The return next year to the traditional academic calendar is a legal requirement placed on the District. When the current calendar was implemented in 2019, it was done so in violation of the faculty contract, board policy, and, ultimately, state and federal law. The District is being ordered by the state to come into compliance with the law and the contract, so that is why the return. If the District wishes to reexamine a return to the current academic calendar and does so in a manner compliant with the faculty contract, board policy, and state and federal law, the union is not opposing those reexaminations.
There remains the option of a settlement agreement with the District that could allow for retaining the current calendar schedule. Some faculty have expressed a preference for this option. Though we maintain an open mind and are not opposed to any settlement talks, this is not the direction we wish to go at the moment. The reasons are several. First, considerable time and expense were expended seeking the current remedy, including legal costs and testimony. In 2019, at the December 9 Board meeting, the Board of Trustees voted unanimously to approve an illegal calendar, and this was despite the input of constituent groups. The students, at that time, overwhelmingly supported keeping Winter Intersession (only 9% of students were dissatisfied with the calendar), and 83% of faculty supported retaining the winter intersession. The District argued that summer enrollments/FTES would increase and those course offerings in the sciences would increase in the summer session due to the 12-week option. FTES in Summer 2019 was 1036. Last summer it was 1029. The peak in summer FTES occurred, ironically, during the summer at the height of the pandemic when FTES was 1059. There has been no growth in summer FTES, despite the loss of Winter Intersession and summer expanding by 50%. Moreover, retention and success rates have plummeted in the 6-week summer courses, and it has been challenging to find faculty who will teach the 12-week sessions. Additionally, high school students cannot attend the 6-week and 12-week summer sessions because the high school schedule overlaps the start of the summer session. Lastly, Winter Intercession allowed students to complete course requirements for transfer at the end of Spring and opened up summer for employment and internship opportunities for our students.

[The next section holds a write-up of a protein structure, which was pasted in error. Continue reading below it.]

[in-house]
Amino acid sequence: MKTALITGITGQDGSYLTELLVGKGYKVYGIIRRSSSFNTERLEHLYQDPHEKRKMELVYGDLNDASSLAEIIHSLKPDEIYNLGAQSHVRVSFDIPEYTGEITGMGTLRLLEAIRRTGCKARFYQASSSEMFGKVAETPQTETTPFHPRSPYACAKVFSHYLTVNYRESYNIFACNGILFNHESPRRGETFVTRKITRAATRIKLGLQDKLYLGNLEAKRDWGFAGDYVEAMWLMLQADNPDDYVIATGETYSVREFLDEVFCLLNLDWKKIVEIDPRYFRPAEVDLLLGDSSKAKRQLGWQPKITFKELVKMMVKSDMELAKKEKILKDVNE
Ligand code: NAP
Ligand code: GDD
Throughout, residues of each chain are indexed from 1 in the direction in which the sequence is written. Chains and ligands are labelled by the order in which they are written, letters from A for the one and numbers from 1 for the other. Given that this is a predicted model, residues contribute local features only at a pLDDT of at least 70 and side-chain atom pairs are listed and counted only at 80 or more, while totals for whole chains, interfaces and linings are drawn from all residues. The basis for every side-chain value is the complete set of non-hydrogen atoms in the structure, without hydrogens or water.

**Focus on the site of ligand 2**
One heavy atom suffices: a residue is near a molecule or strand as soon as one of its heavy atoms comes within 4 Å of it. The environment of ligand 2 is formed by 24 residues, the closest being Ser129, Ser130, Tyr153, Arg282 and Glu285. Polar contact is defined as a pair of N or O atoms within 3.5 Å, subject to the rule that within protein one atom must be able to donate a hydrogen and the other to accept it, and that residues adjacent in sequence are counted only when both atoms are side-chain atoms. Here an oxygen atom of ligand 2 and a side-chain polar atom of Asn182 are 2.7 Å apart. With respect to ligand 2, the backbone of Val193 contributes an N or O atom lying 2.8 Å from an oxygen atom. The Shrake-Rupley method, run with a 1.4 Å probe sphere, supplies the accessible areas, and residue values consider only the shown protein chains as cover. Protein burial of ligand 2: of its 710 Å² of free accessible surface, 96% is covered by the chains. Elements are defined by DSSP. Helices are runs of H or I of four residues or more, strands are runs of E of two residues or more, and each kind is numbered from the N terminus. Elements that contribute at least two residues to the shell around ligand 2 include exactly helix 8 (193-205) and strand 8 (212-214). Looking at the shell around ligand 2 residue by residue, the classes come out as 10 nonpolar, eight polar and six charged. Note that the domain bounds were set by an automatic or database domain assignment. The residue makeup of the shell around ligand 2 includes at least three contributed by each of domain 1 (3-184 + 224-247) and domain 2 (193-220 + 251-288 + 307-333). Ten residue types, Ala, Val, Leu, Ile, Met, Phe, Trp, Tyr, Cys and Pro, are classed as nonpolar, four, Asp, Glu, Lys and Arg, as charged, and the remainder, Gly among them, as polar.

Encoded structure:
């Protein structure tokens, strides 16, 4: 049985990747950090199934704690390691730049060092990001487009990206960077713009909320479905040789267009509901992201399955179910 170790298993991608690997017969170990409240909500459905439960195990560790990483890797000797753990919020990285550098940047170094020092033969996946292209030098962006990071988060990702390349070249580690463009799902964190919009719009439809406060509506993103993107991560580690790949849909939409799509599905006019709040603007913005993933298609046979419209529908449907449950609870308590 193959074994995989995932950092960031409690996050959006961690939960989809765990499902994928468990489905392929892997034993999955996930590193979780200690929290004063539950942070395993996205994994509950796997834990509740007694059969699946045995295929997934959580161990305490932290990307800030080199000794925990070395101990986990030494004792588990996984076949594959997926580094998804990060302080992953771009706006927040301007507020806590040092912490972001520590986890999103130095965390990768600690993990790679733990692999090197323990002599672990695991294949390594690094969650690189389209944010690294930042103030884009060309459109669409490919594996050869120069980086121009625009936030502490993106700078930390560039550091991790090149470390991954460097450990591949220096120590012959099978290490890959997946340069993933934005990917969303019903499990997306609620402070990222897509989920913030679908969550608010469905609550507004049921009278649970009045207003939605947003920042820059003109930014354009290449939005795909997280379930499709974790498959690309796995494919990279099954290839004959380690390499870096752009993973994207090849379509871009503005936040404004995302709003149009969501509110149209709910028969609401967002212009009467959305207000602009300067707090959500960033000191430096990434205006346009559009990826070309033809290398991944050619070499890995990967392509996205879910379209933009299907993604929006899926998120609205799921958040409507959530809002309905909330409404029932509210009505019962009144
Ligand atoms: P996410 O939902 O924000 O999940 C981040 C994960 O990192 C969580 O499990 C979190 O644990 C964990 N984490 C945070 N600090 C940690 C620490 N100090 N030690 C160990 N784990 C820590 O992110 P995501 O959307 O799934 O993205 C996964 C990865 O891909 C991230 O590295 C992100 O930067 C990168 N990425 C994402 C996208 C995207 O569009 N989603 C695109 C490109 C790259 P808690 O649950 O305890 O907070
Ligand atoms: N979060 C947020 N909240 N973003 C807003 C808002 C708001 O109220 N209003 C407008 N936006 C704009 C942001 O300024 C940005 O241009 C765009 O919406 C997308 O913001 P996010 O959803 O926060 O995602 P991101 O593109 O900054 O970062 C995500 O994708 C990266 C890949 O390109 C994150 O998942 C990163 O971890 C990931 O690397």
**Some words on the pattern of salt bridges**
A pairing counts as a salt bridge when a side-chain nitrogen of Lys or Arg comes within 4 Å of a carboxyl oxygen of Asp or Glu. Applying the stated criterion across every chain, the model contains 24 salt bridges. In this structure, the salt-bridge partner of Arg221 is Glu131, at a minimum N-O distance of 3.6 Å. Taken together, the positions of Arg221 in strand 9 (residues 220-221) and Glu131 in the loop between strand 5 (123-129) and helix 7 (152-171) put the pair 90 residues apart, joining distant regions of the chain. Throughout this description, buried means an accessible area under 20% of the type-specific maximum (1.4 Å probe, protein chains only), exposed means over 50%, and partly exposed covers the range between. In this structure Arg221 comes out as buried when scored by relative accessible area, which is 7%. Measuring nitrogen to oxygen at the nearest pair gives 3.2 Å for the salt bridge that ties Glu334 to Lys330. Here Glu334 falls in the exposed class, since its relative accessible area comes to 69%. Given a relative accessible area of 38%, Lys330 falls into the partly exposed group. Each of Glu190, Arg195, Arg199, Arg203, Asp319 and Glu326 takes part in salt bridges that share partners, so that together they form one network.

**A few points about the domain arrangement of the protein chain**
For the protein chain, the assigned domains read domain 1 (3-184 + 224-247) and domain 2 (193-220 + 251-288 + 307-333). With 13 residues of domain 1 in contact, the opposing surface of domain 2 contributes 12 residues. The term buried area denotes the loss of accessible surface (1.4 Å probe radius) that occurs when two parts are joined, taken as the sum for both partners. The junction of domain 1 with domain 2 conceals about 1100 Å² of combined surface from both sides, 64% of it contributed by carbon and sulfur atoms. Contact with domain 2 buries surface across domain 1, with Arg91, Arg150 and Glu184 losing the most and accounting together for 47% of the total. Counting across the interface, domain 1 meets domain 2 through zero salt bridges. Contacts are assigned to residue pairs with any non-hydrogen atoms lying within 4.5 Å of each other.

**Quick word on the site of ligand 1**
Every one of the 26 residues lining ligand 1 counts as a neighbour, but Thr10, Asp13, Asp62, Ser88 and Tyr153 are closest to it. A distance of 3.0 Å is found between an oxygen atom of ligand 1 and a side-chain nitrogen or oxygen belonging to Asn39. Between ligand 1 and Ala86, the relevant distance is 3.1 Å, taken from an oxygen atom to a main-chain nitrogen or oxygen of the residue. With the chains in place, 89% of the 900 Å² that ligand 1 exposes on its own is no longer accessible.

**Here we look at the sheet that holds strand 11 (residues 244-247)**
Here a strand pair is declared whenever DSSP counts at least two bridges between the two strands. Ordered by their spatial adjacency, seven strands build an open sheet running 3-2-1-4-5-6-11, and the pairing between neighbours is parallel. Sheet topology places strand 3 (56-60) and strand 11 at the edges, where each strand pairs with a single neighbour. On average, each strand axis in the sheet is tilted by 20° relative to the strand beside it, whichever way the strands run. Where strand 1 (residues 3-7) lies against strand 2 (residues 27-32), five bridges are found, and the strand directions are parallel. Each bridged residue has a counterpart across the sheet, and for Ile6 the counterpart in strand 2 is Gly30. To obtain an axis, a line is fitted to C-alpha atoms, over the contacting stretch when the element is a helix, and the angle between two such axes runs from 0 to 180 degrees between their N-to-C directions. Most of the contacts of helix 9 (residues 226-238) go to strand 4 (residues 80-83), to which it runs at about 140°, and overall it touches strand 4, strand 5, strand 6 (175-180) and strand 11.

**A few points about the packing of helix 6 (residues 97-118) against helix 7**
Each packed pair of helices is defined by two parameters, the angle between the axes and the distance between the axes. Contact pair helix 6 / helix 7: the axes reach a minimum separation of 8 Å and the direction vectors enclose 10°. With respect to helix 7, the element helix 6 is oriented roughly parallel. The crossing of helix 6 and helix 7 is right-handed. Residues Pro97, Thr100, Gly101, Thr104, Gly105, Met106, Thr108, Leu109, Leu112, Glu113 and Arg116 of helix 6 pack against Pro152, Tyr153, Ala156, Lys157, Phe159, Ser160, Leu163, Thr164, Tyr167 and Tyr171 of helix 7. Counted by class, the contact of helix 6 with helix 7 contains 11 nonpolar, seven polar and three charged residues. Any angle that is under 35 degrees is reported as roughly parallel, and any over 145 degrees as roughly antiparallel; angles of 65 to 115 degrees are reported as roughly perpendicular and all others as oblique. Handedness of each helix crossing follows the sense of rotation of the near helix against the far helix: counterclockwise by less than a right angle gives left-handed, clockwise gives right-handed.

Compared to 2020, we lost over 1800 FTES in 2022. Over 80% of that loss came from Intersession and Spring, the two most affected semesters by the calendar change. Summer overall had a much smaller loss (only 1.5%), but given it was expanded by 50% it’s clearly not giving us much of a boost in numbers. Winter Intercession FTES in 2020 was 414. That’s 23%, almost a quarter, of all FTES losses. We believe, separately from the legal issue, that the restoration of Winter Intersession will better serve our students, the college, and the community. Serving better during Winter Intersession can also come by serving our students through modalities that were not offered before.
In closing, some may have found a way to compensate for Intersession course losses in their area, but that is not a guarantee of all areas doing so. As the implementation of the current calendar was illegal, the District has a responsibility to identify who did lose and compensate them, as ordered by the state in their “make whole” provision of the judgment. Additionally, make whole encompasses more than just lost courses, but also faculty who lost outside income opportunities due to not having January available to them anymore.
Your Union Team.